41. In those previous inquiries, the Commission has accepted that the members of the Executive Committee of the Appeal, who in accordance with the 1993 Act were the charity trustees, were unaware that they had created a charity.  Consequently, the Commission accepts that they may not have been aware that they had the duties of charity trustees.  However, even if they did not realise that they were in a charity trustee relationship with the Appeal, they ought to have been aware that they had created a trust; they appealed to the public for and administered funds on trust for the benefit of others.  The fact that they were unaware that they had created a charity does not in law absolve them from their duties and responsibilities as trustees.

42. As with all trustees, charity trustees must be vigilant in accepting donations of large sums of money, particularly from overseas sources. 

43. The charity trustees knew about the Sanctions and the Programme.  Given the complex setting within which the Appeal had to work, the Commission’s view is that they should have been extremely vigilant in their acceptance of donations.  In consequence, the Commission is of the view that the charity trustees of the Appeal did not make sufficient further enquiries as to the source of the funding from Mr Zureikat to assess whether it was proper and in the interests of the Appeal to accept these funds.


44. The Commission confirmed that donations made to the Appeal by Mr Zureikat were made using funds that derived from contracts made under the Programme and Mr Zureikat knew of the origin of these funds.  Following its investigations the Commission has concluded that at least $376,000 donated by Mr Zureikat resulted from contracts made under the Programme (paragraphs 25 - 29).

45. The Commission has concluded that the donations made by Mr Zureikat came from improper sources. This calls into question whether these funds were properly donated and there is risk to the Appeal and to the trustees that claims could be made to recover funds improperly given (paragraphs 31 – 33).

46. In accepting the donations from Mr Zureikat, the charity trustees of the Appeal, as with all trustees, should have fully considered their legal duties and responsibilities given the particular circumstances prevailing referred to in paragraph 43 above.    Although Mr Galloway, Mr Halford and Mr Al-Mukhtar have confirmed that they were unaware of the source of Mr Zureikat’s donations, the Commission has concluded that the charity trustees should have made further inquiries when accepting such large single and cumulative donations to satisfy themselves as to their origin and legitimacy.   The Commission’s conclusion is that the charity trustees did not properly discharge their duty of care as trustees to the Appeal in respect of these donations.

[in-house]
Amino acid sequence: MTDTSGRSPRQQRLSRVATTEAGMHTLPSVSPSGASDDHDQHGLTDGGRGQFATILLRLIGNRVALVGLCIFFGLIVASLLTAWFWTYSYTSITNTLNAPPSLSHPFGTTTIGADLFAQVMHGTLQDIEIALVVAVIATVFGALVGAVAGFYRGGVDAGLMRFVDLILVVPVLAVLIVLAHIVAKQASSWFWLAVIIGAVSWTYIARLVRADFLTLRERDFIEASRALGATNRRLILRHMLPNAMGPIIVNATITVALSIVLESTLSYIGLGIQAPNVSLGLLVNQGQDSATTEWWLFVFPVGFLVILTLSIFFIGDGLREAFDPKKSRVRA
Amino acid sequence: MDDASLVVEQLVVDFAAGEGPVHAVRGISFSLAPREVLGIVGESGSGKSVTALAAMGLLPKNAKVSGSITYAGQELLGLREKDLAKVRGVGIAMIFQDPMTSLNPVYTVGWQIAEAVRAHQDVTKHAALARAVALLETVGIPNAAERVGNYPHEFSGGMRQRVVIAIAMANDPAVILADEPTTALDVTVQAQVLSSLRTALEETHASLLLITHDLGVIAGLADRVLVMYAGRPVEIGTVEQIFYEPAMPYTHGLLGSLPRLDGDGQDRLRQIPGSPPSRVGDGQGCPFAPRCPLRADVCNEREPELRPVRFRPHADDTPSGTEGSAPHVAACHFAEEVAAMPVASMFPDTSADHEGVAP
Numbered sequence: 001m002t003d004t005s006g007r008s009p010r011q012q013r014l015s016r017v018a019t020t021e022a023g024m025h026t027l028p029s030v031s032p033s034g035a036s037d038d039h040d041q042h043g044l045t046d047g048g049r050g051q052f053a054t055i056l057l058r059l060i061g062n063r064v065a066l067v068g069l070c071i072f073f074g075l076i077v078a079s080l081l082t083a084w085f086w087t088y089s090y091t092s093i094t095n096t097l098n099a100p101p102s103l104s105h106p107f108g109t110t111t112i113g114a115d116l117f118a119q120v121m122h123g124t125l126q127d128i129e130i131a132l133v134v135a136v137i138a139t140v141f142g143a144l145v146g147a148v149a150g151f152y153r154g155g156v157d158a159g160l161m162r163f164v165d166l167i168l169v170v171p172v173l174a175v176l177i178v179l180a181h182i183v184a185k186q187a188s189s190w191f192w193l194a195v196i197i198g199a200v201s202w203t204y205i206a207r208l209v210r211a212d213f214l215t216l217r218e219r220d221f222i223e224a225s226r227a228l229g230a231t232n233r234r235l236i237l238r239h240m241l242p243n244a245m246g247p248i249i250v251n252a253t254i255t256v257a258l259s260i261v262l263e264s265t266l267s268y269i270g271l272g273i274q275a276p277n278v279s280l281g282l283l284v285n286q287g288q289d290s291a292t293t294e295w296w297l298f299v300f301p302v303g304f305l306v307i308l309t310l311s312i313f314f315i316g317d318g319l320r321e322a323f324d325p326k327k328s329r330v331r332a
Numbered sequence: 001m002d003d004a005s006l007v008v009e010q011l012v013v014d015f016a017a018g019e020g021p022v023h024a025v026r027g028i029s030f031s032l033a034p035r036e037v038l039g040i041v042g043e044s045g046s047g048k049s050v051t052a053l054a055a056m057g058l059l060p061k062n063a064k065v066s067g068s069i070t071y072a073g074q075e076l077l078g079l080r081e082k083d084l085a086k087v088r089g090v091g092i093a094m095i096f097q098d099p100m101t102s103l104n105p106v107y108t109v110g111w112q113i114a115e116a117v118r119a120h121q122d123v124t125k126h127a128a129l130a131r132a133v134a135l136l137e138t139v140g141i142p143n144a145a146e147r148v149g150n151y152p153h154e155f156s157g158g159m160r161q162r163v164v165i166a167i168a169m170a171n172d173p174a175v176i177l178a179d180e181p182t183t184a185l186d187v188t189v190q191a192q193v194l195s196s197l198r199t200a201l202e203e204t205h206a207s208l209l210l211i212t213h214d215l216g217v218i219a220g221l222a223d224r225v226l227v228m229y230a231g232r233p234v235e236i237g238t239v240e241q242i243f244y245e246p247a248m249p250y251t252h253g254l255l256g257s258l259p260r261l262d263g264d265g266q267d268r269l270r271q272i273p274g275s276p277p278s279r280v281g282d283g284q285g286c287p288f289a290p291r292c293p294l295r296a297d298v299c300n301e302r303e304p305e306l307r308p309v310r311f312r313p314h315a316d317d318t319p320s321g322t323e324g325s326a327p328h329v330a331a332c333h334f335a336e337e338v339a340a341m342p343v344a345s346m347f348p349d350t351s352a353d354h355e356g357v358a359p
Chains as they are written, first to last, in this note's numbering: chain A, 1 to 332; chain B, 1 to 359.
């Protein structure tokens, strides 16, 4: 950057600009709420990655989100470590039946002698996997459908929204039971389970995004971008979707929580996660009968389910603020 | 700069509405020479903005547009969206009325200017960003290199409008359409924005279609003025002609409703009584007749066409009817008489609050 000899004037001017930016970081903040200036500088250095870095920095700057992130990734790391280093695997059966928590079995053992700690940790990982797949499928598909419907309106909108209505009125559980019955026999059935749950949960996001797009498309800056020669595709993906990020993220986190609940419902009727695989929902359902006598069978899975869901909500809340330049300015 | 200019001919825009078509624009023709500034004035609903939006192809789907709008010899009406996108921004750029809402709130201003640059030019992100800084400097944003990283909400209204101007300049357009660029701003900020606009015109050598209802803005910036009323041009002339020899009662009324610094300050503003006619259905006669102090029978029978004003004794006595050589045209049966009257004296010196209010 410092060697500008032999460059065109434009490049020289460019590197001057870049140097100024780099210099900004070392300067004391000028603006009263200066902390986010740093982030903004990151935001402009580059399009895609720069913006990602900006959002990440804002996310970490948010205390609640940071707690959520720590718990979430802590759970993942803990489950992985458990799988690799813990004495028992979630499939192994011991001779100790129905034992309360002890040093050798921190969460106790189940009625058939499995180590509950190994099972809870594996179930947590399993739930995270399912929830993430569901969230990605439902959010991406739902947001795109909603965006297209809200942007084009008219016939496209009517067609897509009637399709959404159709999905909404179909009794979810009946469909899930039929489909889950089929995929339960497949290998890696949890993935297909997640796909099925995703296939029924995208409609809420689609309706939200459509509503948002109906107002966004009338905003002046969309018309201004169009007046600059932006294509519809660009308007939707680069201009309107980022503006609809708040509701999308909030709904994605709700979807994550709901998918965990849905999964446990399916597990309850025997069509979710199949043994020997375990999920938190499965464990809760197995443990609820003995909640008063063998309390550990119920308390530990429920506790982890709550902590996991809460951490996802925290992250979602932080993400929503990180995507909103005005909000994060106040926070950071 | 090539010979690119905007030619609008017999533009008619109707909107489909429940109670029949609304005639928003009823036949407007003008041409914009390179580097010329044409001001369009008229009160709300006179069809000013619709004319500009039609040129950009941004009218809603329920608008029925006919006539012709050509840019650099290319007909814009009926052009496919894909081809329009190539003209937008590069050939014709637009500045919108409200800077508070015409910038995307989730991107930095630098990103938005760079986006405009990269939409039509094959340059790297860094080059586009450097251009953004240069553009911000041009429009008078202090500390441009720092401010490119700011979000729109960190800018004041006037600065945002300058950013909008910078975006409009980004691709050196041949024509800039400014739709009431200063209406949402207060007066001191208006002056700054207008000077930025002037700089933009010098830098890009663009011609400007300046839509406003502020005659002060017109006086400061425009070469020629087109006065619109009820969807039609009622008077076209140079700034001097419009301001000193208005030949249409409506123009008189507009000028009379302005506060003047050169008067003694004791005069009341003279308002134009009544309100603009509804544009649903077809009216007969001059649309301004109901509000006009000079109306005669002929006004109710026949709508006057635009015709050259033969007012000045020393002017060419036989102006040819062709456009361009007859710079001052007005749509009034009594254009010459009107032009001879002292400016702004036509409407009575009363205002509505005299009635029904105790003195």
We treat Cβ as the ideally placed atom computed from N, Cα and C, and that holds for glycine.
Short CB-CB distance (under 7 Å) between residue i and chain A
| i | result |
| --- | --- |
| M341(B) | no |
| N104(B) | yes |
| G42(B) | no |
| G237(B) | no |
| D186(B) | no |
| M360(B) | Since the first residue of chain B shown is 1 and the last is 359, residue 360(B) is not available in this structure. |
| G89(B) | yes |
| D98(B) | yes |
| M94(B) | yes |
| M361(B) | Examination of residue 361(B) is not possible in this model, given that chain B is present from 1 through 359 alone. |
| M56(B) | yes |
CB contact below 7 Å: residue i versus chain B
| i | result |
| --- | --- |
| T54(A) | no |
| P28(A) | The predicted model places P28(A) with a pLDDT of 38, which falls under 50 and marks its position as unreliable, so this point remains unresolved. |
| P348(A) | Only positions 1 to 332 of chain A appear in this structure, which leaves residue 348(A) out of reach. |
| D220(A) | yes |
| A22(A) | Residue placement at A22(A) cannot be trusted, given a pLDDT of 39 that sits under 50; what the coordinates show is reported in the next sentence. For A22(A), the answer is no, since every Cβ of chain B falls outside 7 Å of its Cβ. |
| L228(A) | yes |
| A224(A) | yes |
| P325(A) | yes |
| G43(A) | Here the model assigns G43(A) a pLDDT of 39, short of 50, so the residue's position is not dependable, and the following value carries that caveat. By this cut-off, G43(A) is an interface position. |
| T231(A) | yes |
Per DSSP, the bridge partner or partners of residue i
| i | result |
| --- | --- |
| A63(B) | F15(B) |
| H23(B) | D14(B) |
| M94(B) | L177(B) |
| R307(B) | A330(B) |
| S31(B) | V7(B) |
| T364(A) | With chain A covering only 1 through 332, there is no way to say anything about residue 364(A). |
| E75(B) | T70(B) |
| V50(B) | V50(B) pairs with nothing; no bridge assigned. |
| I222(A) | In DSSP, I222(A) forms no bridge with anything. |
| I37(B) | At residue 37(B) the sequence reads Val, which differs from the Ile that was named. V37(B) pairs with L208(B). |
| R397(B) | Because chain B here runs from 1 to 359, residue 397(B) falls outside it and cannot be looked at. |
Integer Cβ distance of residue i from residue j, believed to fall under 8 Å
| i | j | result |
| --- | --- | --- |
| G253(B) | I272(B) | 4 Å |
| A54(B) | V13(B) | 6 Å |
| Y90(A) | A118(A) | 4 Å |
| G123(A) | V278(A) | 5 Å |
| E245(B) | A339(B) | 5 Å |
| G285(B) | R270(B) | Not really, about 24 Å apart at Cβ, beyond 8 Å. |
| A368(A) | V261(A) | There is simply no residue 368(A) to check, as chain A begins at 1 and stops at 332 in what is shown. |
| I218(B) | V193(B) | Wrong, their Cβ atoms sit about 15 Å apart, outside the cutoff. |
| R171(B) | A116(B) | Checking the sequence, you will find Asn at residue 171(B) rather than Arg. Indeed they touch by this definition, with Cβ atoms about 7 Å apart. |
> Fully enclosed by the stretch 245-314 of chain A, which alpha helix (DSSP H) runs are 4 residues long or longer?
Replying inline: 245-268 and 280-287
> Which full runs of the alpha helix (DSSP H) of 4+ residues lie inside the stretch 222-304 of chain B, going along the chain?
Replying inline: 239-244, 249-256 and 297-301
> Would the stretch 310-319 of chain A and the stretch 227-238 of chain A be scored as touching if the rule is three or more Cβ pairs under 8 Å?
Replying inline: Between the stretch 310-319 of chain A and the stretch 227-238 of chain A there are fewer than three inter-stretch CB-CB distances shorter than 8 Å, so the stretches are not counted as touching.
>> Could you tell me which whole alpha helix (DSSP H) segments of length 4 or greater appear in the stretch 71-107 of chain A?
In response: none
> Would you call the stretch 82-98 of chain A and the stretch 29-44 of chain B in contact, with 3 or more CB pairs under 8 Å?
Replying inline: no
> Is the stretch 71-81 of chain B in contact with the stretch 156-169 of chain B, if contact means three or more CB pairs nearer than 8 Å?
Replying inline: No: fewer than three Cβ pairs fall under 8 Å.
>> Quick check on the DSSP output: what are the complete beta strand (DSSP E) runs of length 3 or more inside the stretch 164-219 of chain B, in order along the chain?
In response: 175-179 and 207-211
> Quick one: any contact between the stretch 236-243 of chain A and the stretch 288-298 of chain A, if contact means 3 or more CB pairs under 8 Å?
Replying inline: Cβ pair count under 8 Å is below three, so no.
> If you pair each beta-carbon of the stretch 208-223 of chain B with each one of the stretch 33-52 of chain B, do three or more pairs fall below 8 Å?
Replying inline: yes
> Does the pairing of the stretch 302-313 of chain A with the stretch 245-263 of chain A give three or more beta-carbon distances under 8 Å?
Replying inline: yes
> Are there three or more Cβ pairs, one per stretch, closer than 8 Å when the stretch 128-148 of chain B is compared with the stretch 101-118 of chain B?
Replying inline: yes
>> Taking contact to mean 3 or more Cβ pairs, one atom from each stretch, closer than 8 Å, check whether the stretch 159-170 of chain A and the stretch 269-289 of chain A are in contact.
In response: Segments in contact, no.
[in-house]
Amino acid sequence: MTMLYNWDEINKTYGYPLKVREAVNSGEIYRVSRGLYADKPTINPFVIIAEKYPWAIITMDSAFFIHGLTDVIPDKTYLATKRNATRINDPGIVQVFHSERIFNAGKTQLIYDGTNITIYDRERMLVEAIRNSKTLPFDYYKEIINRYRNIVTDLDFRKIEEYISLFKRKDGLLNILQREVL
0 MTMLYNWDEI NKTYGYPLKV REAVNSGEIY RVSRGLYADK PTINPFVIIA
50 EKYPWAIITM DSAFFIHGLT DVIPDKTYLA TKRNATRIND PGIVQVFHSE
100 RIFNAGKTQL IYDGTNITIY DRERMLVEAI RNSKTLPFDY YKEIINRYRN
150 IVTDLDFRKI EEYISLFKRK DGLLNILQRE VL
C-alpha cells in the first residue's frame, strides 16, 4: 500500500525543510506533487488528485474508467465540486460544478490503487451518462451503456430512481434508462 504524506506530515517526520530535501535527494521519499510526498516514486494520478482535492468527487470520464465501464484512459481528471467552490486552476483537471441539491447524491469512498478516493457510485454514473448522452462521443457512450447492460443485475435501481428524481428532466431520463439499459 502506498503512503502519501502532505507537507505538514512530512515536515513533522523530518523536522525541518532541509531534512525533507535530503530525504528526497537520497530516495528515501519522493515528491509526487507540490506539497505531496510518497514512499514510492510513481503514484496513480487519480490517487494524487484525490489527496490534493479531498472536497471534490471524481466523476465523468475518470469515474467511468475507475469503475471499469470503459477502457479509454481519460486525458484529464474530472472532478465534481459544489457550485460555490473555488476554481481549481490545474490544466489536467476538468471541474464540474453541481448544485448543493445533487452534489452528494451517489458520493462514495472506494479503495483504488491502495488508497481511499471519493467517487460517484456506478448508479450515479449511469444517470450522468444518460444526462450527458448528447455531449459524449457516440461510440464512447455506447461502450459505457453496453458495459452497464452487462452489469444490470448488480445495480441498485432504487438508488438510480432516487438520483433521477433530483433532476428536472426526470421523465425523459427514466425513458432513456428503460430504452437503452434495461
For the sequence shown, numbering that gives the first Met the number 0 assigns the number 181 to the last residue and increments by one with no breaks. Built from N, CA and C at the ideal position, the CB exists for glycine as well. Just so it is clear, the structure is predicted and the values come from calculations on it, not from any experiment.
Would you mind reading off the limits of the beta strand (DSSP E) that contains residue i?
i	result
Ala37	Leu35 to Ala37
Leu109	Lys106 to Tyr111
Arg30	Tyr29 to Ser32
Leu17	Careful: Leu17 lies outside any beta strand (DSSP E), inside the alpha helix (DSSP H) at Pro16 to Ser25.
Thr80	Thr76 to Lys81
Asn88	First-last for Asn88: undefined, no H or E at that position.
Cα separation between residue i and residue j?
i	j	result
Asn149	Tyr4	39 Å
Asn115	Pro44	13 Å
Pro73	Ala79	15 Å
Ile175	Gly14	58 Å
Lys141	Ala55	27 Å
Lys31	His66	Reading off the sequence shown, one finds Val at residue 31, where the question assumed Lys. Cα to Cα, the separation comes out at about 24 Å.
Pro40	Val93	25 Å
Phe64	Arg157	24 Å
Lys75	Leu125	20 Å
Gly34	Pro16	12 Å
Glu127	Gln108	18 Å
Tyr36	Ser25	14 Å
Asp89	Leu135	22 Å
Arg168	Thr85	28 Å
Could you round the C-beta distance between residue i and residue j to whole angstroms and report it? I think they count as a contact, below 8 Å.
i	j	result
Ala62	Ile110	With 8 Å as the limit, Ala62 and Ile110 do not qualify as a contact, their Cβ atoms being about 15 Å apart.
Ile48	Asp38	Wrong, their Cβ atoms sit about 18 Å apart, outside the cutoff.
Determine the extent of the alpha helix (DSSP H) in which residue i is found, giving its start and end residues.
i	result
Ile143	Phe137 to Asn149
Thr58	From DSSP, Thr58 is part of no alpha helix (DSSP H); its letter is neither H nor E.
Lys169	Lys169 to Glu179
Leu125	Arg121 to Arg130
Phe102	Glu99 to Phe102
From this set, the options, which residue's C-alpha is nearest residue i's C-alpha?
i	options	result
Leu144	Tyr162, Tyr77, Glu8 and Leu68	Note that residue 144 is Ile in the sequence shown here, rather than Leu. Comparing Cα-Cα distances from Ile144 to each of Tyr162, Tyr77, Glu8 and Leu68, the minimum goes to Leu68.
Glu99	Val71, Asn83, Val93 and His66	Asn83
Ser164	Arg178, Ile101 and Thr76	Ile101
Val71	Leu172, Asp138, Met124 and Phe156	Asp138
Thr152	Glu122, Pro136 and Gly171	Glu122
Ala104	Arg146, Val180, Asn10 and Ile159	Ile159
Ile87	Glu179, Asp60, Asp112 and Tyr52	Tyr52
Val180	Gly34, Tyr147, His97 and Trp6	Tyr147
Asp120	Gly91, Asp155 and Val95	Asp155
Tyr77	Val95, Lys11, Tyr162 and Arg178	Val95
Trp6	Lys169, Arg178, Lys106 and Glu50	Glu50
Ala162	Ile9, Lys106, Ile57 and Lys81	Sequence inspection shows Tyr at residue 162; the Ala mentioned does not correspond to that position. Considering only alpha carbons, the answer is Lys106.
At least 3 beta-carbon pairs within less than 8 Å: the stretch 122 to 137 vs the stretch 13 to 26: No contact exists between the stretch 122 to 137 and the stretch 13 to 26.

47. Had the charity trustees done so, they almost certainly would have discovered that there was a connection between the Appeal and the improper transactions conducted under the Programme.  The Commission is satisfied, on the information before it, that Mr Zureikat had actual knowledge of the connection between the Appeal and the Programme.  The Commission is also concerned, having considered the totality of the evidence before it, that Mr Galloway may also have known of the connection between the Appeal and the Programme.  Mr Galloway has continued to deny that he was aware of any such connection (paragraphs 34 – 43).

Regulatory Action

48. The Charity Commission is a civil regulator and does not have any powers of criminal prosecution.  Whether or not, under national or international law, there is illegality in these transactions and breaches of the Sanctions are matters for other agencies and regulators to determine. The Commission has fulfilled its statutory duties in this regard by liaising with other relevant agencies.

49. The Appeal is not on the Central Register of Charities, has not operated since early 2003, has no active trustees and holds no assets requiring the protection of the Commission.  In the circumstances, the Commission will not be taking any additional action on its findings and conclusions other than the publication of this report.

Annex to Statement of the results of an inquiry into the Mariam Appeal

End notes

(1) $340,000 was transferred by Mr Zureikat and its value when converted to £sterling was nearly £225,000.  During this report, the choice of whether a figure is given in US$ or £sterling will depend on the documentary source relied upon.

(2) See page 9 of the IIC Report

(3) See page 11 of the IIC Report